Tony Abbott picks up a $300 fridge from Gumtree: Should retailers be worried about the rise of online classifieds?

Tony Abbott picks up a $300 fridge from Gumtree: Should retailers be worried about the rise of online classifieds?


The popularity of online classifieds has been catapulted into the spotlight, with the internet lapping up the story of Tony Abbott buying a second-hand fridge from Gumtree.

Abbott was ousted as prime minister after Malcolm Turnbull launched a leadership coup back in September.

Since losing the top job, the former prime minister has travelled overseas and maintained a relatively low profile – until now.

The fridge’s owner, Emily Hastings, took to Instagram and spoke to BuzzFeed about selling her Daewoo fridge to the Abbotts for $300.

The Sydney resident described Tony Abbott as “just a regular dude in a baseball cap”.

“We dealt with someone called Margie and it wasn’t until they [Tony and Margie Abbott] showed to pick it up we realised that it was the former prime minister’s wife,” Hastings said.

“She was really down-to-earth but they were definitely in a bit of a hurry. Plus, I’m pretty sure there was some security outside. It was just a regular kitchen fridge, singular-top freezer, and I think it was 320 litres. Margie said she thought the fridge would come in handy come Christmas time.”

Gumtree was founded in London in 2000 and was originally an online community aimed at connecting the wave of Australians moving to the UK.

In 2005, Gumtree was bought by eBay for an undisclosed amount.

It is the number one classifieds site in Australia as well as countries like the UK, South Africa and Singapore.

Around 2 million ads are posted on Gumtree every month.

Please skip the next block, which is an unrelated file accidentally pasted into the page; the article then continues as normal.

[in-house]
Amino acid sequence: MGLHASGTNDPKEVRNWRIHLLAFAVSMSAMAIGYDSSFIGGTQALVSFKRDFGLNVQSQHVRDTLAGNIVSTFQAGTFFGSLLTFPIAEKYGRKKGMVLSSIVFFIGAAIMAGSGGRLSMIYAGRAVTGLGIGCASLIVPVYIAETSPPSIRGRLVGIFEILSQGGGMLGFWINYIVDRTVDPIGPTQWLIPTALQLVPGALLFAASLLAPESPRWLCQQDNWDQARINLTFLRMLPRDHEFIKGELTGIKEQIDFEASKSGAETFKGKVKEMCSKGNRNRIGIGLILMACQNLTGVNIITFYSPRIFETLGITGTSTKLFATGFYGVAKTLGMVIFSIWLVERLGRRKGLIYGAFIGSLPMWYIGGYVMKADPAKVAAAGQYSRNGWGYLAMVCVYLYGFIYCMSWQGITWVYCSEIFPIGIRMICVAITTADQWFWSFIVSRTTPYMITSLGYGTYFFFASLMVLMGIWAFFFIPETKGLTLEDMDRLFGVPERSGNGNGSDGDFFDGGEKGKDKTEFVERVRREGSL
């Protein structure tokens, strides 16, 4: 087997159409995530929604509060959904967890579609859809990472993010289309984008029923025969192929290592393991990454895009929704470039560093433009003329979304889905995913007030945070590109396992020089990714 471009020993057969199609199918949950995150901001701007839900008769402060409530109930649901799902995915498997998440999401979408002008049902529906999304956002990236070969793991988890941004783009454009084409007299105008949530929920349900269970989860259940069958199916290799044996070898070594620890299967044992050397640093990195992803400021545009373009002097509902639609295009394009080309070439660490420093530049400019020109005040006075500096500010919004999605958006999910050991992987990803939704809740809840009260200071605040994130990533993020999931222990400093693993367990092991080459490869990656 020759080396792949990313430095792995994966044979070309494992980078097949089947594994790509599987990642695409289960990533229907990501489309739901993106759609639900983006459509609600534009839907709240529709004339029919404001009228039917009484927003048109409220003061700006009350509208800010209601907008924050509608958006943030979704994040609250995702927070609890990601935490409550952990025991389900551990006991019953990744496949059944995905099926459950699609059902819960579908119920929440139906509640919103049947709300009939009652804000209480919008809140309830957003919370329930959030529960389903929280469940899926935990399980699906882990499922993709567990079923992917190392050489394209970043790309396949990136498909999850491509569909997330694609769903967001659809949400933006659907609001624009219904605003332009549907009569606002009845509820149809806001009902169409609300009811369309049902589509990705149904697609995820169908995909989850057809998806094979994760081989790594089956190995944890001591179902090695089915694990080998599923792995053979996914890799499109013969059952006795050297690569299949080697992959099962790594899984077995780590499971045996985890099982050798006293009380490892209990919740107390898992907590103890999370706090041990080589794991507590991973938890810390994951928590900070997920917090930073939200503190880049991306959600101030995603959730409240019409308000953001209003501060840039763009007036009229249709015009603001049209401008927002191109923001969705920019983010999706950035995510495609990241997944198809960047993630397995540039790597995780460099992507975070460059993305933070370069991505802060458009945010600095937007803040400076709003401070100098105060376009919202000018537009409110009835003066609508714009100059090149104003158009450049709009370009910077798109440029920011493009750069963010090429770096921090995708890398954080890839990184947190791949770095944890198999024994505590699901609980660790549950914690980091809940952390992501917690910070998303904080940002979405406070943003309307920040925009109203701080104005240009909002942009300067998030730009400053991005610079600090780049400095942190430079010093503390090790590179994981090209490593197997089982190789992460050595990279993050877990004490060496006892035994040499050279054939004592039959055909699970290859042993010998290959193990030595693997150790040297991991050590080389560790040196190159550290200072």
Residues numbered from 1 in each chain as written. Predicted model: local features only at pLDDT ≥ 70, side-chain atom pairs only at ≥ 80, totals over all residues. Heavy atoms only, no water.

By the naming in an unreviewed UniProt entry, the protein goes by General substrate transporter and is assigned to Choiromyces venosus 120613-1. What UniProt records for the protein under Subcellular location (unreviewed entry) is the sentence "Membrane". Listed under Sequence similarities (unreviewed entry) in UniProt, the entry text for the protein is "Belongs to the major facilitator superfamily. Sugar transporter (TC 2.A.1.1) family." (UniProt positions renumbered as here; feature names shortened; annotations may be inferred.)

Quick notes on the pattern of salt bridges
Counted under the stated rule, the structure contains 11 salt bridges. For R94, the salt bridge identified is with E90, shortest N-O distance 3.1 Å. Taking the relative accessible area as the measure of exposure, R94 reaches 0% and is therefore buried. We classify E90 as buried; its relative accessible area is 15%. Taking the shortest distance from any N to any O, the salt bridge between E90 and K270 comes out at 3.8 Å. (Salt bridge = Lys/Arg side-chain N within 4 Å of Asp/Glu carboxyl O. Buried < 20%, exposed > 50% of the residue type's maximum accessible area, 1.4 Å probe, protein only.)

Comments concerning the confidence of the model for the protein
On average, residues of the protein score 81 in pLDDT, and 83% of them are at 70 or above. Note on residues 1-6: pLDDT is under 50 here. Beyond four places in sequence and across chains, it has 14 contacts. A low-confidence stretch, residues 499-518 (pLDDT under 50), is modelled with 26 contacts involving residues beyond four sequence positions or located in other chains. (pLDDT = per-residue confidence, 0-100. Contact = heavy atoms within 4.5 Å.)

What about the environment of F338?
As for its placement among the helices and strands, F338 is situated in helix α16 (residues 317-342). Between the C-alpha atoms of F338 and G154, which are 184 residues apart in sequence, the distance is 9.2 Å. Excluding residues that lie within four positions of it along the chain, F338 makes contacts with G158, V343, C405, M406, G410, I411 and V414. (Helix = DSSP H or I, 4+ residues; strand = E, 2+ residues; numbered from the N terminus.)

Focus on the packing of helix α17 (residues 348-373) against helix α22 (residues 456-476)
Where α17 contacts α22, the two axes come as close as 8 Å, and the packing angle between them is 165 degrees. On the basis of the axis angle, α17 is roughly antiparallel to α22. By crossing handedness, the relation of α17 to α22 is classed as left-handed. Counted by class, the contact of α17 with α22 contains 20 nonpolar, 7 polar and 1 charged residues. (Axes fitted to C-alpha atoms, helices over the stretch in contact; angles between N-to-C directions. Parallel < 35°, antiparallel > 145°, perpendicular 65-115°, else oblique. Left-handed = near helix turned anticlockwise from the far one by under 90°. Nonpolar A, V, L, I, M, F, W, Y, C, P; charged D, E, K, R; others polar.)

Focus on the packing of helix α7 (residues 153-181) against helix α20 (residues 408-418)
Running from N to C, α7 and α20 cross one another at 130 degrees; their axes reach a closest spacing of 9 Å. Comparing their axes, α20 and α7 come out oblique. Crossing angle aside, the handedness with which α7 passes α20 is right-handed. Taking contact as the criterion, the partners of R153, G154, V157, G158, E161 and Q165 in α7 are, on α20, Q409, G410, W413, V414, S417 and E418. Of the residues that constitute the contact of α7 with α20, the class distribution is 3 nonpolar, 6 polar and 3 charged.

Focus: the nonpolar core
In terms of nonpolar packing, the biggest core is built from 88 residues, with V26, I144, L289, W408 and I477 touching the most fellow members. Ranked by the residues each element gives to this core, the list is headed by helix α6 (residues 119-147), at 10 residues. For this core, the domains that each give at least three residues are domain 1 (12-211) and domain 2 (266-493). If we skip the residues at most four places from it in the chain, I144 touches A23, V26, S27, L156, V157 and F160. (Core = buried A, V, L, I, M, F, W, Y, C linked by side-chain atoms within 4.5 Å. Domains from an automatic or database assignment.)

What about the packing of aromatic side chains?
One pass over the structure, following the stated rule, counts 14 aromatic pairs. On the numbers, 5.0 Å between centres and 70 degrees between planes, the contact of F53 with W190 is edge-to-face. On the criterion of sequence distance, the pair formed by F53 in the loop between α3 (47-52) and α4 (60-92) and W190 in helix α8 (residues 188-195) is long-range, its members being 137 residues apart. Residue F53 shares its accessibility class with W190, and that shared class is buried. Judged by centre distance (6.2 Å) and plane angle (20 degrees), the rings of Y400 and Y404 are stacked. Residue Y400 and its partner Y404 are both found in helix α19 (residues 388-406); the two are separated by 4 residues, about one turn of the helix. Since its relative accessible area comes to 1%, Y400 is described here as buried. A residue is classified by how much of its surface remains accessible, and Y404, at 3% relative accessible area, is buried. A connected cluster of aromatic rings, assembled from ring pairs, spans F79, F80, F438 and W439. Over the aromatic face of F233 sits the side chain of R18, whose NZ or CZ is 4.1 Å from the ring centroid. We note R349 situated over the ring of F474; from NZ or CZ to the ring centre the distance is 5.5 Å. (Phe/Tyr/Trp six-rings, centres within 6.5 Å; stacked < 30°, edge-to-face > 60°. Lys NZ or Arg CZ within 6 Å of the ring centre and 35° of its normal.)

Brian Walker, chief executive of The Retail Doctor Group, told SmartCompany retailers would be wise not to ignore popular online classified services such as Gumtree.

After all, if Gumtree is good enough for a former prime minister, then it’s good enough for the average Australian consumer looking for a bargain.

“There’s no doubt that we’re seeing through our own research this second-hand market competition with charity retail and competing with the value end of the market,” Walker says.

“What’s also interesting is this concept of people looking online. There’s this browsing component, so it’s occupying a lot more of our attention and definitely taking up a lot of op-shop retailing and lower-value retailing.”

However, Walker says while retailers should be aware of the existence of sites such as Gumtree, they shouldn’t be too worried as the market is “quite naturally segmented” at the moment.

“If we look at Gumtree, it has a very dedicated use,” Walker says.

“You’ve got Gumtree in that second-hand space, eBay positioned with alternative and clearance retailers, and then you’ve got Etsy in that curated space.”


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